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By Joseph Wallace, M. A.
of the Springfield Bar
The S. J. Clarke Publishing Co., Chicago, IL

Page 1627

J. W. SOUTHWICK is well known in connection with mercantile and public affairs in Springfield. The intelligence of our American citizenship does not permit of the blind following of any leader. It is true that at times an unprincipled politician has for a brief period guided public sentiment and shaped public affairs to his own ends, but this has been the exception and not the rule. The censure of the public is too easily aroused to attempt of any great mismanagement or misrule on the part of officials and the choice is usually given to one who is regarded as worthy of the trust of his fellow townsmen and who will prove capable in the discharge of his duties. Such a spirit prompted the election of J. W. Southwick to the position of mayor of Springfield and his course has ever justified the confidence reposed in him.

A native son of Sangamon county Mr. Southwick was born April 21, 1847, his parents being William and Louisa (Proctor) Southwick. His father was born in Seneca county, New York, February 9, 1807, a son of Jesse and Nancy (Moore) Southwick. The grandfather was born in 1762 near Lebanon, Connecticut, and removed to Oneida county, New York, and afterward to Seneca county, where he resided for a number of years. He then embarked on the Allegheny river at Olean Point and thus proceeded to Shawneetown, Illinois, where he arrived in December, 1819. He afterward removed to a village called Milton near Alton, Illinois, where he remained until the 20th of March, when he removed to Sugar Creek and settled in what is now Woodside township six and a half miles southeast of Springfield, where he engaged in general farming. The grandfather died September 25, 1826, and his wife in February, 1845. William Southwick acquired his education in the common schools and was fifteen years of age when his father came to Sangamon County. He was married here in September, 1831, to Louisa Proctor, who was born November 23, 1811, at Charleston, Clark county, Indiana. They have seven children, of whom four are living: Mrs. Eunice Fox, of Chicago; J. W., of this review; John H., of Atlantic, Iowa; and Philip S., who resides in Pemberton in western Canada.

J. W. Southwick was educated in the district schools and in the Magnolia high school at Magnolia, Illinois. After putting aside his text books he entered the army at the age of nineteen years, enlisting in Springfield as a member of Company E, One Hundred and Fourteenth Illinois Infantry. He was elected sergeant of his company and went south to Memphis. He participated in the siege of Vicksburg, the battles of Jackson, Brandon, Guntown and Tupelo, also at Nashville and Mobile. From sergeant he was promoted to the rank of first lieutenant and received an honorable discharge in August, 1865, after having rendered valuable aid to his country in the defense of the old flag and the cause it represented.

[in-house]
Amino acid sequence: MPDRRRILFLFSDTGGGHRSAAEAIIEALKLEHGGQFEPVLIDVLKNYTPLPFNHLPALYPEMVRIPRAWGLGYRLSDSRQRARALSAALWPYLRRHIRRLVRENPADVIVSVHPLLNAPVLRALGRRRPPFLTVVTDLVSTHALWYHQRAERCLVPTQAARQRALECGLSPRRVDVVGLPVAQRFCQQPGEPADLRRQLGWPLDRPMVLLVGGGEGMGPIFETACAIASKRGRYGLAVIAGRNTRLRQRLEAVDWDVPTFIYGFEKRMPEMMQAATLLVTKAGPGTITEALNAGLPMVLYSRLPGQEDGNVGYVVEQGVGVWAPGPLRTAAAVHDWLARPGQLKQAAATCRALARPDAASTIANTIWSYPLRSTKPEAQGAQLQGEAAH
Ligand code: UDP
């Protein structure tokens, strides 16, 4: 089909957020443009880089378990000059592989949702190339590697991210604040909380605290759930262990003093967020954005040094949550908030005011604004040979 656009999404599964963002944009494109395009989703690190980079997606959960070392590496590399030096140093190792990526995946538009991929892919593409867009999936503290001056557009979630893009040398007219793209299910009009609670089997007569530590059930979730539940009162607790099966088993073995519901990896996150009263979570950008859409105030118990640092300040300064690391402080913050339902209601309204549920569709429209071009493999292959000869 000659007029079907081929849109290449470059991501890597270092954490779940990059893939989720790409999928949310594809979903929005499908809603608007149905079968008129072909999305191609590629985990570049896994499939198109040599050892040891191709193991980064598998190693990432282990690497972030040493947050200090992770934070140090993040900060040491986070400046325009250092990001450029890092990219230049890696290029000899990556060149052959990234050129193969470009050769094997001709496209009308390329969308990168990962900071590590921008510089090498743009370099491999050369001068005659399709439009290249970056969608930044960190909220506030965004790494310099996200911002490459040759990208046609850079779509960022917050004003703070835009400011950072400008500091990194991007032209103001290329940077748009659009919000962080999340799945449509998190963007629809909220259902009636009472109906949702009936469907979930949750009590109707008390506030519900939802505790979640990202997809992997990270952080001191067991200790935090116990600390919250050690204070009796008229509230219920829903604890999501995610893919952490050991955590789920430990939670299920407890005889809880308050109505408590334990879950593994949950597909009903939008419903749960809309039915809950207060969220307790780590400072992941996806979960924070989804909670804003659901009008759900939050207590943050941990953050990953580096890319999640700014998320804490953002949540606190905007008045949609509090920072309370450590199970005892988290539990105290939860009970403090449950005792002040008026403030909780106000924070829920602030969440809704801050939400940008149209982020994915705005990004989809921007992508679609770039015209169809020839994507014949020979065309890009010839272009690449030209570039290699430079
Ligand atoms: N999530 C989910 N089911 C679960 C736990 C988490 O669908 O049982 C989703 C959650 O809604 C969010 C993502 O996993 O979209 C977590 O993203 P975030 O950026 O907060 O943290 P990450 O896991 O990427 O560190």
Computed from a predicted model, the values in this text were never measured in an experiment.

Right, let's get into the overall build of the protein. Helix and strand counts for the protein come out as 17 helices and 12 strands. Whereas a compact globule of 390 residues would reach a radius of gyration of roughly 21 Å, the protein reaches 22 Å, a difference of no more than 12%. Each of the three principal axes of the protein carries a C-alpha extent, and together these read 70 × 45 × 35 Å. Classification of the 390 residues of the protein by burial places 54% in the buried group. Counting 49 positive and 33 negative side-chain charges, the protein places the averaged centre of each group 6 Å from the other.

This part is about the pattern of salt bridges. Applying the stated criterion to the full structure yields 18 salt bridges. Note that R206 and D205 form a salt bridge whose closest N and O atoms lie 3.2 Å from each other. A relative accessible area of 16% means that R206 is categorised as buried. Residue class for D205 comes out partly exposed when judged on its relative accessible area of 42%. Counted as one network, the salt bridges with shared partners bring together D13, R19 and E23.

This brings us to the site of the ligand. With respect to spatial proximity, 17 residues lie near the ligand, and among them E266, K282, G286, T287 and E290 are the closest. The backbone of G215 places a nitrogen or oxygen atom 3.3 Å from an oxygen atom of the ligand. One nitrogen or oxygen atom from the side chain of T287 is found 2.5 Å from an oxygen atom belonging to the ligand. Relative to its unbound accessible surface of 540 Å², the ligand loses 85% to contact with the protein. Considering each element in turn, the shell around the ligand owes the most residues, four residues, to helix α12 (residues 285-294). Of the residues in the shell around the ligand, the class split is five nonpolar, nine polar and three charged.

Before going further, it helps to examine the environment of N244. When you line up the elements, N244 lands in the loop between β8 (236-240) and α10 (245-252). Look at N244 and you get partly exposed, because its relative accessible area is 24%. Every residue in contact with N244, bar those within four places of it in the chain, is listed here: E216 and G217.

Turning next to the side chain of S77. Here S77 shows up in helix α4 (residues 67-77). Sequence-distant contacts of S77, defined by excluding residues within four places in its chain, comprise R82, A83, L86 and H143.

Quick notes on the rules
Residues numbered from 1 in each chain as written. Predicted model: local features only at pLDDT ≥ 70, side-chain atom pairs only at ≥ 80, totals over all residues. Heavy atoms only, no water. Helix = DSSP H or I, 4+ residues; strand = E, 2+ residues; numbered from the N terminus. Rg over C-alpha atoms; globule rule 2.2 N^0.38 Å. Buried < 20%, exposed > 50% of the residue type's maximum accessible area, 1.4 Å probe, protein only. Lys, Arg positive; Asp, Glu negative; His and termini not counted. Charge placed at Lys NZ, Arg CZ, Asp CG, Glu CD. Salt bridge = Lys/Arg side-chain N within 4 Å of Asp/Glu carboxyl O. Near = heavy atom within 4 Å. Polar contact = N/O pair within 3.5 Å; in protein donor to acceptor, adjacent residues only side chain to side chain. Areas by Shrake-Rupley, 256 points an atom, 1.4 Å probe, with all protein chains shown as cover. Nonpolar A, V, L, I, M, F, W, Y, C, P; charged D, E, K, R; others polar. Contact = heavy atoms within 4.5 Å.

After the close of the war Mr. Southwick became a student in Bryant & Stratton's Commercial College in Springfield and was the first to graduate in that institution. He then engaged in the grocery business at Centralia, Illinois, but sold out there in the spring of 1867 and started west to Leavenworth, Kansas, and in the fall of 1867 he went to Denver, Colorado, and thence to Wyoming. He followed the construction of the Union Pacific railroad to Ogden, Utah, then to Salt Lake on to White Pine, Nevada, and from there to Virginia City, Nevada. He next went to Pioche, then to Arizona, where he remained for two years, when he returned to Pioche, after which he made an overland trip to New Mexico. He was there engaged in general merchandising for nine years and during that time also served as clerk in the United States Land Office for five years. He was likewise postmaster and contracted to carry the United States mail for four years.

In 1881 Mr. Southwick returned to Springfield and was married to Miss Maryland V. Mourer, after which he returned to New Mexico, where he remained until the spring of 1883, when he again came to Springfield and entered into the business life of this city by establishing a Springfield Carpet Company, and opening a carpet house on the north side of the square. There he continued until 1896, when he closed out the business, having in the meantime enjoyed a large and profitable trade. From May, 1896 until May, 1901, he was superintendent of the waterworks. At the latter date he was elected mayor of Springfield and is now serving in that capacity. In 1895 he was elected to the city council and served for one term. His devotion to the general good is manifested by his earnest and effective effort along lines of modern progress, reform and improvement. He has not entirely severed his connection with business interests, being now engaged in coal mining at Middleton, Illinois.

Mrs. Southwick is a daughter of William and Jane Mourer, being the fourth in order of birth in their family and her education was obtained in the district schools here. By her marriage she has become the mother of two children: Mabel V. and Beulah M. Both Mr. and Mrs. Southwick are well known in this city, enjoying the hospitality of its best homes and gaining the friendship of many with whom they have been associated. Mr. Southwick belongs to the Grand Army Post and has served as its commander. His citizenship is of a high order, being characterized by marked devotion to the general good and he always places the welfare of the municipality before self aggrandizement. He has looked at the questions concerning the city from a broad and practical standpoint and in the discharge of his official duties brings to bear the same energy and reliability which have ever characterized him in his business life.

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